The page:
On January 25th, the Community Food Action Staff attended the NYC Nutrition Education Network’s discussion on “Food Apartheid and the Systemic Racism in the Food System.” Since we at CFA envision ourselves to be an important part of the struggle against both food apartheid and a racist food system, we sought to educate ourselves further on what other individuals in the movement are doing. As we heard at the talk, other individuals in the world of nutrition, cooking, and farming, desire a coming-together, as well as a learning-together. Many voiced their desire to begin to pool our resources as organizations and individuals, so that we can maximize the impact that we want to have in the food justice movement.
There were multiple lines of work represented on the expert’s panel: urban farming and youth development, culinary education, health and wellness in the university, health and wellness for the formerly incarcerated. At the core of everyone’s mission though, is the belief that if power flows through an unjust distribution of nutritious and fulfilling food, the resistance must happen through a redistribution of healthy and culturally appropriate food, as well as other services that furnish a complete life.
Moderator Frances Perez-Rodriguez immediately got to the crux of the issue. It was important to call these systems by their name. Therefore, the talk began with definitions of the terms “food justice,” “food apartheid,” and “food access.” In small groups, individuals discussed the major challenges faced in serving their communities as well as solutions. In the face of this system, remaining staunchly dedicated to justice through analyzing injustice is important. It is just as important to remain solution oriented. This approach is indispensable to social justice work as it instills hope and direction for our movements, which can so often be characterized by fatigue and hopelessness.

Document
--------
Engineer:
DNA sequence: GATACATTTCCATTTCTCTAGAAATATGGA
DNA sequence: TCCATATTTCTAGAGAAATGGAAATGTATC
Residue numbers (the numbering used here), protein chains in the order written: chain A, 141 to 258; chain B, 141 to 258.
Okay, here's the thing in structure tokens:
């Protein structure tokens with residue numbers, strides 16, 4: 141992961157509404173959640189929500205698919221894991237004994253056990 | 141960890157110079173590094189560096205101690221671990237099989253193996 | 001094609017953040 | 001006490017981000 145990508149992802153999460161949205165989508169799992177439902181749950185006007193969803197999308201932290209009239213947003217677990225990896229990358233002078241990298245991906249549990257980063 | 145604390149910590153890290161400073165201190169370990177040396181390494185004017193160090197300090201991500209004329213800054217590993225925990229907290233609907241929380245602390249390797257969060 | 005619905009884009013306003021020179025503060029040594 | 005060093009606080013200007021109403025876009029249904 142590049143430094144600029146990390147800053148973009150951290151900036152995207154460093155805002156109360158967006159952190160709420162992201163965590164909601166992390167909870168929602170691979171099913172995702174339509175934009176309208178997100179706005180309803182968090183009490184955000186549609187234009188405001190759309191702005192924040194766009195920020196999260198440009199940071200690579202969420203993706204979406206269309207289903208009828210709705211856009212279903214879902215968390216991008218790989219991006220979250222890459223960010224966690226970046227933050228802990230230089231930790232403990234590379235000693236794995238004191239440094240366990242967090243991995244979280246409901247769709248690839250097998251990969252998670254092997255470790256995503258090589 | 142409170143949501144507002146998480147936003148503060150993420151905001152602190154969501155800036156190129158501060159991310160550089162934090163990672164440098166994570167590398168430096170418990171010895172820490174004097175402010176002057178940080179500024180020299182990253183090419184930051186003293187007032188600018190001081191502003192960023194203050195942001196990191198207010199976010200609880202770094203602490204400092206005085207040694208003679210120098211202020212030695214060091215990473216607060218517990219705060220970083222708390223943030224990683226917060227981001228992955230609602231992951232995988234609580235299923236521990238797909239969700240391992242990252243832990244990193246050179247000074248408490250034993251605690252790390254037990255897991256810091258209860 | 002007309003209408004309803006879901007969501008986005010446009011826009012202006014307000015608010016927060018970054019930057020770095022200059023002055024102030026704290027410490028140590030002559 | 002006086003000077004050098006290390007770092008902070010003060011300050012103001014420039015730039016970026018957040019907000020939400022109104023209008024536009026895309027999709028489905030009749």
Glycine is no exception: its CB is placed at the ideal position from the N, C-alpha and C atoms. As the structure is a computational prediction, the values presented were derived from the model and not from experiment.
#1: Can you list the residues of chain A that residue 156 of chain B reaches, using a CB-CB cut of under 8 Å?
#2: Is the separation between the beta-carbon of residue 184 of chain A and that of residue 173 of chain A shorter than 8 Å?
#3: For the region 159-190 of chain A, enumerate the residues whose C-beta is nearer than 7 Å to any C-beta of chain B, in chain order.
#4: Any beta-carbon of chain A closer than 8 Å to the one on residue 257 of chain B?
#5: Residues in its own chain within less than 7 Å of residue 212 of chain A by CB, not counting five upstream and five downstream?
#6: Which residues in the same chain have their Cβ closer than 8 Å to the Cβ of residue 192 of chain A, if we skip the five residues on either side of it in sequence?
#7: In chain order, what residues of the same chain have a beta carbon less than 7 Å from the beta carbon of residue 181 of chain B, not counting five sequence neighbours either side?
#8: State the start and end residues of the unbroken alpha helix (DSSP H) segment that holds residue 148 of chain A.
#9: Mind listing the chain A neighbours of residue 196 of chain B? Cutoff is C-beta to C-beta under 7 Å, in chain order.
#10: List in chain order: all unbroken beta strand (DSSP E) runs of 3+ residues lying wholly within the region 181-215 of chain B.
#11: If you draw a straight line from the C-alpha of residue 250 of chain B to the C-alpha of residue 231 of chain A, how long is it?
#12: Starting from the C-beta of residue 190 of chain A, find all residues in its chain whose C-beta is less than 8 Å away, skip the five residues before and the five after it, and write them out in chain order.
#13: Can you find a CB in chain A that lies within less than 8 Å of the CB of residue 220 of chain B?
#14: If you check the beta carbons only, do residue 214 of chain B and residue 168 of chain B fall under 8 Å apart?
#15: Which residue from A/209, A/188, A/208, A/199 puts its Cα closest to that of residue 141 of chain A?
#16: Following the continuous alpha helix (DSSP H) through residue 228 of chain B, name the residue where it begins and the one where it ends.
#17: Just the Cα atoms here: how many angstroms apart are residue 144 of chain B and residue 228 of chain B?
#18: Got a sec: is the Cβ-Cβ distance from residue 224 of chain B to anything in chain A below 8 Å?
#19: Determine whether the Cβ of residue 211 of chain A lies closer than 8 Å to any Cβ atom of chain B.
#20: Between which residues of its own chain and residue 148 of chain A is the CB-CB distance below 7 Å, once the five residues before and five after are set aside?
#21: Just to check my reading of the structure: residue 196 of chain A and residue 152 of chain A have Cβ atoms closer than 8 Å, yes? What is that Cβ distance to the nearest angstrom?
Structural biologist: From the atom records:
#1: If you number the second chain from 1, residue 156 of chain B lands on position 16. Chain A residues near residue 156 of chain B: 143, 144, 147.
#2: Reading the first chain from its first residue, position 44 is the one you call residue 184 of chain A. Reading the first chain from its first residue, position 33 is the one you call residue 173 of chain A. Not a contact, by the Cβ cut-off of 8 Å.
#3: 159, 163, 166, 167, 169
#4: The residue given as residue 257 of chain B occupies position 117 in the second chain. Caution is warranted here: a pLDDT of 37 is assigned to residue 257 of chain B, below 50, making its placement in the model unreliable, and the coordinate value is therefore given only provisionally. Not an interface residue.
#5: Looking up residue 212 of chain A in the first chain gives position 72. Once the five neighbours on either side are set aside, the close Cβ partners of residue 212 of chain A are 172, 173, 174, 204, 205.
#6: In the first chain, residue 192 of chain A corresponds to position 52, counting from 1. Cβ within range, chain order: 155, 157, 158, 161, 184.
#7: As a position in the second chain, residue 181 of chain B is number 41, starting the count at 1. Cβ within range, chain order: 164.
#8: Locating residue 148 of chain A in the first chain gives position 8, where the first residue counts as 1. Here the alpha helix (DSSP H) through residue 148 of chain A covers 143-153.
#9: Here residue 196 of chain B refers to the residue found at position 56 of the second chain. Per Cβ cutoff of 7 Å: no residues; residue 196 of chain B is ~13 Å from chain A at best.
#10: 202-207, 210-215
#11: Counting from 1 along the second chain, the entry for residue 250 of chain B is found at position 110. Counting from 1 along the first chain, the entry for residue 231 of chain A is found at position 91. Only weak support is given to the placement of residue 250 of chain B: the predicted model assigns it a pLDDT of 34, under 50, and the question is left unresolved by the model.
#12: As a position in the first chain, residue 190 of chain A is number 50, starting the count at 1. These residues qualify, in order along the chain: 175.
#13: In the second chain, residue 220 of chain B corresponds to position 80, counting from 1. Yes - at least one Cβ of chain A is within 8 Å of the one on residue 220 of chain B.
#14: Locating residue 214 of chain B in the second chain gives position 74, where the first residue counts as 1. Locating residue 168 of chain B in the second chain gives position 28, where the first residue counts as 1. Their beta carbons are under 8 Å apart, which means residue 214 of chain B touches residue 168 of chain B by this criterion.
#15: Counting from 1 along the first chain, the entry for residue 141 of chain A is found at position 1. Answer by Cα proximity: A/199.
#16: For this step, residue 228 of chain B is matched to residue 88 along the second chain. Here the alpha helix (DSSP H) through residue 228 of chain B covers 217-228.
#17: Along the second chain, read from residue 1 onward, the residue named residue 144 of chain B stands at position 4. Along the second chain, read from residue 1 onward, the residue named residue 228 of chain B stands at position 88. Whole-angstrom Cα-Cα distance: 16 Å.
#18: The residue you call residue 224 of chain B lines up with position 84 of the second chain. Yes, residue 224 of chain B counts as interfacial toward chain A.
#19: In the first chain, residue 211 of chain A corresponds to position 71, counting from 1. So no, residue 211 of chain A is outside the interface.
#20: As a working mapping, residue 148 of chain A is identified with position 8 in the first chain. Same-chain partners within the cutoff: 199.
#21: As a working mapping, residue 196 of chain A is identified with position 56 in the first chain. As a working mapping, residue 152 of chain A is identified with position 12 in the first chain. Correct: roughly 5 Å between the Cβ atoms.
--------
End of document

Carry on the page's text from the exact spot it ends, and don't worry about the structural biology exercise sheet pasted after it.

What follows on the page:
The Nutrition Education Network’s panel reflected a changing tide in the food justice movement in New York City. The discussion reflected the desire to bring everyone in, no matter what food work they are doing. It created room for discussing discomfort, for “learning into it,” as moderator Frances Perez-Rodriguez put it. This new tide of food justice is characterized by new visionaries from different walks of life and disciplines, who refuse to remain isolated in their work, and choose to come together to hold each other accountable in the work we are doing. Here at Community Food Action we want to join the collective mission while bringing in the community we strive to serve. Here at CFA, we want to know how we can learn, work, and eat with the community of Mt. Eden.
By Charlene Francois